The state of the housing market, May 2014: As I wrote last week in discussing existing home sales at XE.com, the housing market tends to cycle in a regular order: 1st, interest rates turn 2nd, permits, starts, and sales turn 3rd, prices turn 4th, inventory turns Now that we are half the way through 2014, let's look at where each of those points in the cycle stands. Interest rates First, here is a graph, covering the last 30 years, of the YoY% mortgage rates (inverted so that higher rates give a lower value, blue) vs. housing permits, YoY change in 100,000's (red): Interest rates on mortgages went up about 1.4% between May and July of last year. On 16 of 19 occasions since the end of World War 2, that big a change led to a YoY decline of at least -100,000 in permits. In this case, housing permits have gone sideways, with small YoY% declines in several months, including May, since the beginning of this year. Second, here is a graph of the change, in thousands, YoY of starts (blue), permits (red), new home sales (green), and existing home sales (orange) (note that the St. Louis FRED does not track pending home sales): Next, here is the YoY% change in the same four statistics: Both of these graphs show the clear deceleration in the housing market through 2013 and through March 2014. Whether the spike in starts and new home sales in April and May means the trend has bottomed, or whether these are payback for particularly bad winter season reports, remains to be seen. Finally, it is worth noting that the same deceleration is also showing up in the data at Depatment of Numbers Housing Tracker. I used this database of asking prices, which is updated weekly, to call in real time both the top of the housing boom in 2006, and the bottom of the housing bust in 2012. What is particularly noteworthy is that in 2006, it was the asking prices for houses in the 75th percentile (more expensive homes) which turned first. Now prices for those same more expensive houses are showing the most deceleration of all, as shown in this table, which shows the YoY% change for each percentile of houses for sale nationwide:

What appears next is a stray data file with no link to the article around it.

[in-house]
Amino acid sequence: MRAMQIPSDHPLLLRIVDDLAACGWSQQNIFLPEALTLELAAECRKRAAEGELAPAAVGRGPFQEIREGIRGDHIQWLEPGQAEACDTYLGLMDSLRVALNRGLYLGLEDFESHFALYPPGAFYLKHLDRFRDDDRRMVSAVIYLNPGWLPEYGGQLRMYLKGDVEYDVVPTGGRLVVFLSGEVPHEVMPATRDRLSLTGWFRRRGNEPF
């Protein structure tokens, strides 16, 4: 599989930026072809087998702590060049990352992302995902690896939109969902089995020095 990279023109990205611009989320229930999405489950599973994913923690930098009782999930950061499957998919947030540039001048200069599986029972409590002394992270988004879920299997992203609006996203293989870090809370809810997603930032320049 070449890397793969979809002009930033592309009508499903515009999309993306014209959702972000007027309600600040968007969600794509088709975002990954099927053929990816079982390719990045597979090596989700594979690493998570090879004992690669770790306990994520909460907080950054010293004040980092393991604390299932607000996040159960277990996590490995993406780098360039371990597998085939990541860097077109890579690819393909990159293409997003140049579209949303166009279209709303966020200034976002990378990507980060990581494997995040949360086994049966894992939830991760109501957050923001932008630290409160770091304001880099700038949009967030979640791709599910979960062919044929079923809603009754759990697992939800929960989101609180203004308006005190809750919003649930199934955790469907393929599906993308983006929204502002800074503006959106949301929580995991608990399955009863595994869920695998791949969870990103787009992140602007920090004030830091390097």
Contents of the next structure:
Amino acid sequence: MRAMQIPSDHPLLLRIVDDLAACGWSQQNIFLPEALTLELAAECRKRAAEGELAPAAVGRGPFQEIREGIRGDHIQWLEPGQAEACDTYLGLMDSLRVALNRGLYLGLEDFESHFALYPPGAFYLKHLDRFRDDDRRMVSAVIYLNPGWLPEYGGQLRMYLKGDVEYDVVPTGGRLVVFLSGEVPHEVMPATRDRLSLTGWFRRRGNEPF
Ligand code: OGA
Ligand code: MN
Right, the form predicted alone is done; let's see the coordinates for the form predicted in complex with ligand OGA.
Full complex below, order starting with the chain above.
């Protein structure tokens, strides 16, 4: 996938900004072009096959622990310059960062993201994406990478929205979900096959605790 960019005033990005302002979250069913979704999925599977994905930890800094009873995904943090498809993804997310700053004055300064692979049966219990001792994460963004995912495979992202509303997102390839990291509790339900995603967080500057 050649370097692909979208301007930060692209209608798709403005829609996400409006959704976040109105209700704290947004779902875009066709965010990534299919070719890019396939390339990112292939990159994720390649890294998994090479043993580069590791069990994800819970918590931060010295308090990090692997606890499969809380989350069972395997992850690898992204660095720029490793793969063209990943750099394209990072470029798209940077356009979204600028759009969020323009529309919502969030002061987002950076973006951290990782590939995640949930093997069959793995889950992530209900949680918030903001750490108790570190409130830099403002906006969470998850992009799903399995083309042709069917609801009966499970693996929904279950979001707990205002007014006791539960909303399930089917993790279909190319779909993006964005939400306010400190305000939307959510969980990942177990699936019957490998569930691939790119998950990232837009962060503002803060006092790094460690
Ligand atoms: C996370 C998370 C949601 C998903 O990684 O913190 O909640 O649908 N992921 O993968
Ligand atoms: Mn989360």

Housing Improving but Rental Crisis Looms: The U.S. housing recovery should regain its footing, but also faces a number of challenges. Tight credit, still elevated unemployment, and mounting student loan debt among young Americans are responsible for moderating growth and keeping millennials and other first-time homebuyers out of the market according to the latest edition of The State of the Nation's Housing released today by the Harvard Joint Center for Housing Studies. "The housing recovery is following the path of the broader economy," says Chris Herbert, the Center's research director. "As long as the economy remains on the path of slow, but steady improvement, housing should follow suit." The report takes an in depth look at the housing markets and their demographic drivers, homeownership, rental housing, and finally the challenges facing housing. We will briefly summarize the report's findings here then report on each of the above categories in greater detail over the next few days. The report notes that even though housing started out 2013 with a bang the market slowed noticeably in the second half of the year as home starts and sales of both new and existing homes slowed. Higher interest rates following the Federal Reserve announcement that it was considering tapering its purchases of long-term and mortgage-backed securities was partially to blame as were the retreat of investors from the market, limited inventories of homes for sale and affordability issues following rapid home price increases. But the report says the slow recovery of single-family housing largely reflects the steady but unspectacular return of jobs.